Yemen war rivals set to resume peace talks | DW News

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A delegation of Houthi rebels has arrived
in Sweden for talks with the Yemeni government aimed at ending a four-year war that has led
to the worst humanitarian catastrophe in recent times. But distrust between the warring parties is
high. Passports and tickets in hand, for a journey
many hope will bring peace. A delegation of Houthi rebels waiting to board
their flight to Sweden. The UN’s special envoy Martin Griffiths has
been instrumental in setting up the talks with the Yemeni government. Such is the distrust between the two sides,
the rebels wouldn’t get on the plane without him. Our basic guarantee is the presence of the
UN envoy with us on the same flight. This is the only guarantee we have for going
there.” The evacuation of 50 wounded Houthi fighters
from the warzone on has also helped built confidence in the talks — with the conflict
locked in stalemate. The Houthis — backed by Iran — control the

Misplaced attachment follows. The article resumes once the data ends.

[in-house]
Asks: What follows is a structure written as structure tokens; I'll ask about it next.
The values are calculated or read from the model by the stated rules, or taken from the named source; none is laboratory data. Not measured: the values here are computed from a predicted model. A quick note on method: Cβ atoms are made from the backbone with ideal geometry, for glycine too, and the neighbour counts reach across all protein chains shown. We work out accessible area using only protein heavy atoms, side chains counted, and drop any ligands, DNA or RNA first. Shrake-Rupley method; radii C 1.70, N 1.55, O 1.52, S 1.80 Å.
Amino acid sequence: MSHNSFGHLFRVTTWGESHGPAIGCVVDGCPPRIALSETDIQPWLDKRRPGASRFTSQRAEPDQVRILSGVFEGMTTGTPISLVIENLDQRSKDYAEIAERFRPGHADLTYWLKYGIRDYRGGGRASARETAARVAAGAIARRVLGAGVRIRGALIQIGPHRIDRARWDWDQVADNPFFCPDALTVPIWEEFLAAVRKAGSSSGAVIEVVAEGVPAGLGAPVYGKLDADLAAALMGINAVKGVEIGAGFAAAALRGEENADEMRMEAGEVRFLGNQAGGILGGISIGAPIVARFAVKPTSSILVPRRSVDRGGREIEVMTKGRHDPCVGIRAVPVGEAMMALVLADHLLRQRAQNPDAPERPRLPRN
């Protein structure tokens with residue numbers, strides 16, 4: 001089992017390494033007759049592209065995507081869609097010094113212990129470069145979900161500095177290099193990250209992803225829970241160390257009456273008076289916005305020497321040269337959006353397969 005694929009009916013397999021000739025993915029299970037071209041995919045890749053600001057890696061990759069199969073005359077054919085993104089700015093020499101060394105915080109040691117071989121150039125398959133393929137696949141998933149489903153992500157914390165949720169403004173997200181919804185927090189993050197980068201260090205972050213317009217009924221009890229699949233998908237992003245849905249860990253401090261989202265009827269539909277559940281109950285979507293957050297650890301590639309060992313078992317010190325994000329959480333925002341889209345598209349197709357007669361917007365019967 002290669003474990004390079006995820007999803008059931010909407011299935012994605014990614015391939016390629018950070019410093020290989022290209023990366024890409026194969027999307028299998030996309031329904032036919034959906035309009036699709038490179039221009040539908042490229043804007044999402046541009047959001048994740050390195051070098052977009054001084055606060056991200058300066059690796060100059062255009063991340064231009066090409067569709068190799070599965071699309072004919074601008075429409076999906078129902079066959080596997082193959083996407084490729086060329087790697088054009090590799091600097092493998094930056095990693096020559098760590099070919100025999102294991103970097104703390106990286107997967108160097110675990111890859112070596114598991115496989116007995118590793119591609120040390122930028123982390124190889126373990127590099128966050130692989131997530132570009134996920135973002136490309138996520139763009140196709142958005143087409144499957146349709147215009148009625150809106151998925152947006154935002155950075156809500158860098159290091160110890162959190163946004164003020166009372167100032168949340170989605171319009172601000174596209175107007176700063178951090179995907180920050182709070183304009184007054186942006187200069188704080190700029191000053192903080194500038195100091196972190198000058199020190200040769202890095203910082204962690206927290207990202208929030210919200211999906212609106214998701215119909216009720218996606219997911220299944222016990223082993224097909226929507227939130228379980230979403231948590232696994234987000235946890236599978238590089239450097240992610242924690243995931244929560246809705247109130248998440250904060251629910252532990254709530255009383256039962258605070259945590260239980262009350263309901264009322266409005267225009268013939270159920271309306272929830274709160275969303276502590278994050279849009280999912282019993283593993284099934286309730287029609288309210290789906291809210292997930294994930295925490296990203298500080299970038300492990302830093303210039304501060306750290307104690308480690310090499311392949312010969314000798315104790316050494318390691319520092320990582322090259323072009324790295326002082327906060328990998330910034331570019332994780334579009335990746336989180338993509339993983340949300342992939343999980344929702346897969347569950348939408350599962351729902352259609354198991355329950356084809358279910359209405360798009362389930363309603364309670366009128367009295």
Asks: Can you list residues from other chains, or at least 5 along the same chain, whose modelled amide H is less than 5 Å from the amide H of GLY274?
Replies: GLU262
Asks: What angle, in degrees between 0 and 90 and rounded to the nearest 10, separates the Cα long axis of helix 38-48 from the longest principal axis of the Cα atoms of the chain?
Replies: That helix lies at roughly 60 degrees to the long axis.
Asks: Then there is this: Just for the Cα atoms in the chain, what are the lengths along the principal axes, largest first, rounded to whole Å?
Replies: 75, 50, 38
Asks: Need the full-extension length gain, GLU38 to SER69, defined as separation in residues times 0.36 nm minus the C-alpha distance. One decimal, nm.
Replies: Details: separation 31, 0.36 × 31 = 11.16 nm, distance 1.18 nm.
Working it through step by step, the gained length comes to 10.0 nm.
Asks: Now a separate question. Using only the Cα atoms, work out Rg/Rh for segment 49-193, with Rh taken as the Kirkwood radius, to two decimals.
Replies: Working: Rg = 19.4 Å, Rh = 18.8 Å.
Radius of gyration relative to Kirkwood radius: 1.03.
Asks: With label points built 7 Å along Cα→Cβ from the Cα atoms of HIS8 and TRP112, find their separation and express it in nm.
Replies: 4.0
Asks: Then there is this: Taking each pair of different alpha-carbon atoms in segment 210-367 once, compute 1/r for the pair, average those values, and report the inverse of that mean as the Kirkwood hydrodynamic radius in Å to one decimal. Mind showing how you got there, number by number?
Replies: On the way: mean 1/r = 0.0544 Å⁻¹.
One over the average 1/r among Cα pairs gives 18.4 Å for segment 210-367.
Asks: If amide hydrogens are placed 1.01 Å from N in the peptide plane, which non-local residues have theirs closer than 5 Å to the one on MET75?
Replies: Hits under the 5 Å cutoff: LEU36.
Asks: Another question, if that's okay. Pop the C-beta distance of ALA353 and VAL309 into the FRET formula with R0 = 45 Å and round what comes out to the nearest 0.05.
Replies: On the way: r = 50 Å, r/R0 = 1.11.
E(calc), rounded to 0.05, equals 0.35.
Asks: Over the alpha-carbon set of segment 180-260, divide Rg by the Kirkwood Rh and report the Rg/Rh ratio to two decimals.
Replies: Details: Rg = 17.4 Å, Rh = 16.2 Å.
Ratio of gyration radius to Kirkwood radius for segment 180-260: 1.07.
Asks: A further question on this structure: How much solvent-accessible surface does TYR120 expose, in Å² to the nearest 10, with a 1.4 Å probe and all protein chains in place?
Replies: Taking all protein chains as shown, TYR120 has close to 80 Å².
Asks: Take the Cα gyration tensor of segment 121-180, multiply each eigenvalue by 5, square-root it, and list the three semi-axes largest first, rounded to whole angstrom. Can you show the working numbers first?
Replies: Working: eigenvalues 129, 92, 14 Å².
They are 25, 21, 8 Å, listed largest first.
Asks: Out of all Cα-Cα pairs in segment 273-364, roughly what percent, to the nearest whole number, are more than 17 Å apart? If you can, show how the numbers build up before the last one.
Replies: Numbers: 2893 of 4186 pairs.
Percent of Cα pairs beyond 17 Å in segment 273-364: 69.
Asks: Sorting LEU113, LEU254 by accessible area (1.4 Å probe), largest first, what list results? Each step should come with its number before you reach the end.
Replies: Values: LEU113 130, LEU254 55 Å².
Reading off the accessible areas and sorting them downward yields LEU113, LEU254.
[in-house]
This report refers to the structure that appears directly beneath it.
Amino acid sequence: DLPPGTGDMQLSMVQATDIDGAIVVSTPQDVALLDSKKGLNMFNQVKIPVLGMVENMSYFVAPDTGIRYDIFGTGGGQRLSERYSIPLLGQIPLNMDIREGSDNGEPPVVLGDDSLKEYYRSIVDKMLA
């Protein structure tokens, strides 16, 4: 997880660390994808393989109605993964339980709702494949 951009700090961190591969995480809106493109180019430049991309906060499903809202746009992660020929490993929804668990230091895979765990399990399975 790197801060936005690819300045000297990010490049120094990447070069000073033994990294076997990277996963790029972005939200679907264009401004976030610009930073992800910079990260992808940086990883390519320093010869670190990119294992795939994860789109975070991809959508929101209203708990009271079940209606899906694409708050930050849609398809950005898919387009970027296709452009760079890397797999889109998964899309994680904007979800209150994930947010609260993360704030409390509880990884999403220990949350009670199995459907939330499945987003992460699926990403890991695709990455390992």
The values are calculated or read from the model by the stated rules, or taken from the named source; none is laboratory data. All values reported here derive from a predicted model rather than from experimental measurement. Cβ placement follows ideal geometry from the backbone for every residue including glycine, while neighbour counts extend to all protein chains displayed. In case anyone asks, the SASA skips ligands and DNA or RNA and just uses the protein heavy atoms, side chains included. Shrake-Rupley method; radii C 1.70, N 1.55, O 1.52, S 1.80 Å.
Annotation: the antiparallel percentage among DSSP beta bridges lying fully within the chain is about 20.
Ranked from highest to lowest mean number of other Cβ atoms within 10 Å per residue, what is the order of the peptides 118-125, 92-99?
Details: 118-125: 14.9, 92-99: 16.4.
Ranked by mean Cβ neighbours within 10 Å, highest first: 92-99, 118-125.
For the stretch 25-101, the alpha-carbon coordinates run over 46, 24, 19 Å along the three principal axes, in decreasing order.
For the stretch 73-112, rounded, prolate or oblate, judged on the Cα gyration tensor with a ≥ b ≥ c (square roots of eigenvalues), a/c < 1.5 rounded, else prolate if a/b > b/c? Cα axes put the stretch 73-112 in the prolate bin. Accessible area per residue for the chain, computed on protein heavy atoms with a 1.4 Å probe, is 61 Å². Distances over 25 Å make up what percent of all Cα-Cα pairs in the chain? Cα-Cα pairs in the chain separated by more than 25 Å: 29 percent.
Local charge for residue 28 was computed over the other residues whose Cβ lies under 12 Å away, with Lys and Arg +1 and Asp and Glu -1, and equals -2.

northwest of the country, including the capital Sanaa, which they took in 2015. The government — backed by Saudi Arabia and
the UAE — has set up base in Aden, in the south. Four years of conflict have left thousands
dead and created what’s been described as the worst humanitarian crisis in recent history. With Yemen’s economy crippled, more than 14
million people — many of them children — are facing starvation. It is a country at war, as I’ve heard many
say, this is a country on the brink of catastrophe. This is not a country on the break of catastrophe,
this is a country that is in a catastrophe. A catastrophe that’s unfolded in full view
of the whole world, but one many say has been ignored. The hope is the talks will result in a truce,
allowing food and aid to reach those who need it most.

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